Although 2012 wood component sales “ended with a fizzle,” 2013 sales are projected to increase from 2 to 5 percent, according to member surveys by the Wood Component Manufacturers Assn. (WCMA) and the Wood Products Manufacturers Assn. (WPMA).
“Much of the optimism is based on consumers having a stable job and a steady revenue stream to support spending,” said Phil Bibeau, WPMA executive director. “The previous two years have started with business being strong in the first half, followed by a slowing for the remainder of the year. The overall consensus [for 2013] is that business will be steady, not the roller coaster that we have been experiencing.”
Steve Lawser, former WCMA executive director, agreed. “Most members feel better about 2013 as we are getting serious about solving our housing, credit and debt issues. They have fewer competitors now so they feel there will be less suppliers to meet any increases in demand.”
Growth looks to come from the building products segment, particularly as housing continues to improve. “Remodeling also has an especially positive outlook as people upgrade their homes with higher quality features that will generate increased demand for hardwood mouldings and millwork, flooring, cabinetry, staircases, etc.,” Lawser added.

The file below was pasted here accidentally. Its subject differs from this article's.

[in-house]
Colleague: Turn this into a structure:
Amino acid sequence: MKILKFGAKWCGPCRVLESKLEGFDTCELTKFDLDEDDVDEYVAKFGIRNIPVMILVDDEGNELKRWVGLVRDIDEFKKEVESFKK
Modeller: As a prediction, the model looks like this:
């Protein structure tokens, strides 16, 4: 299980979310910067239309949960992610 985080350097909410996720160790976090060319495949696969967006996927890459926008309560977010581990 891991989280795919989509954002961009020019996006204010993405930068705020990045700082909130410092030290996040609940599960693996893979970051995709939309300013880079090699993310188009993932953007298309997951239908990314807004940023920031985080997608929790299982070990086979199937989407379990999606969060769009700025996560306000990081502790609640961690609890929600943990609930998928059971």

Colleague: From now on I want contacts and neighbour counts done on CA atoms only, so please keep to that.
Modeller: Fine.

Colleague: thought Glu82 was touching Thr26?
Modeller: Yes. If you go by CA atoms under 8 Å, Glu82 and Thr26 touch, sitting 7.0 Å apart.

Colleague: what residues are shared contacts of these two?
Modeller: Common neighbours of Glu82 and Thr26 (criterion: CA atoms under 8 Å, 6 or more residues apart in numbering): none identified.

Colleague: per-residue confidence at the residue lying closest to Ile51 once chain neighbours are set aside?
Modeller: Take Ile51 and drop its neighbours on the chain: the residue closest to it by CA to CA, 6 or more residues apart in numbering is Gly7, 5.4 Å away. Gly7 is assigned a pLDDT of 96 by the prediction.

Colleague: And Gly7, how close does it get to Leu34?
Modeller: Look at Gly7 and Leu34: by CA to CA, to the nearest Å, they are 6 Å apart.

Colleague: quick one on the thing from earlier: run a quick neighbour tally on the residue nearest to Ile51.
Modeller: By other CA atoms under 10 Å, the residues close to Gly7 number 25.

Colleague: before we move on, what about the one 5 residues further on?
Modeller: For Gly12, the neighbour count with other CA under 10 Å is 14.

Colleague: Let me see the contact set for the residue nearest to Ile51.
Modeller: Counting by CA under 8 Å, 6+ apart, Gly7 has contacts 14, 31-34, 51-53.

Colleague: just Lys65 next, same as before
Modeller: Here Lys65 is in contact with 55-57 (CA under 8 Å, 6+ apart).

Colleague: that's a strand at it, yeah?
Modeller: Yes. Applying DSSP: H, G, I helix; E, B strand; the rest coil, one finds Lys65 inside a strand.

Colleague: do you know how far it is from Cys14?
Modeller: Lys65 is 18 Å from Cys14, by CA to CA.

As with other market segments, cash flow, increased costs of doing business, and obtaining and retaining skilled workers can be a challenge, both Lawser and Bibeau said. Other concerns cited by their members include the rising cost of health care and increased enforcement by OSHA on wood dust and other issues.
“It has not been possible to pass along increased costs of doing business in the form of higher prices, so margins remain slim or non-existent,” Lawser said. However, he continued, “Those companies remaining [in business] should be well-positioned to take advantage of any upswings in demand in 2013 and going forward.”
“Those businesses that are still operating are the true survivors,” added Bibeau. “They have made the changes necessary to compete in the global economy. They will see success if they continue to follow the principles that have brought them to where they are today: Work harder, smarter and become a partner with your customers.”
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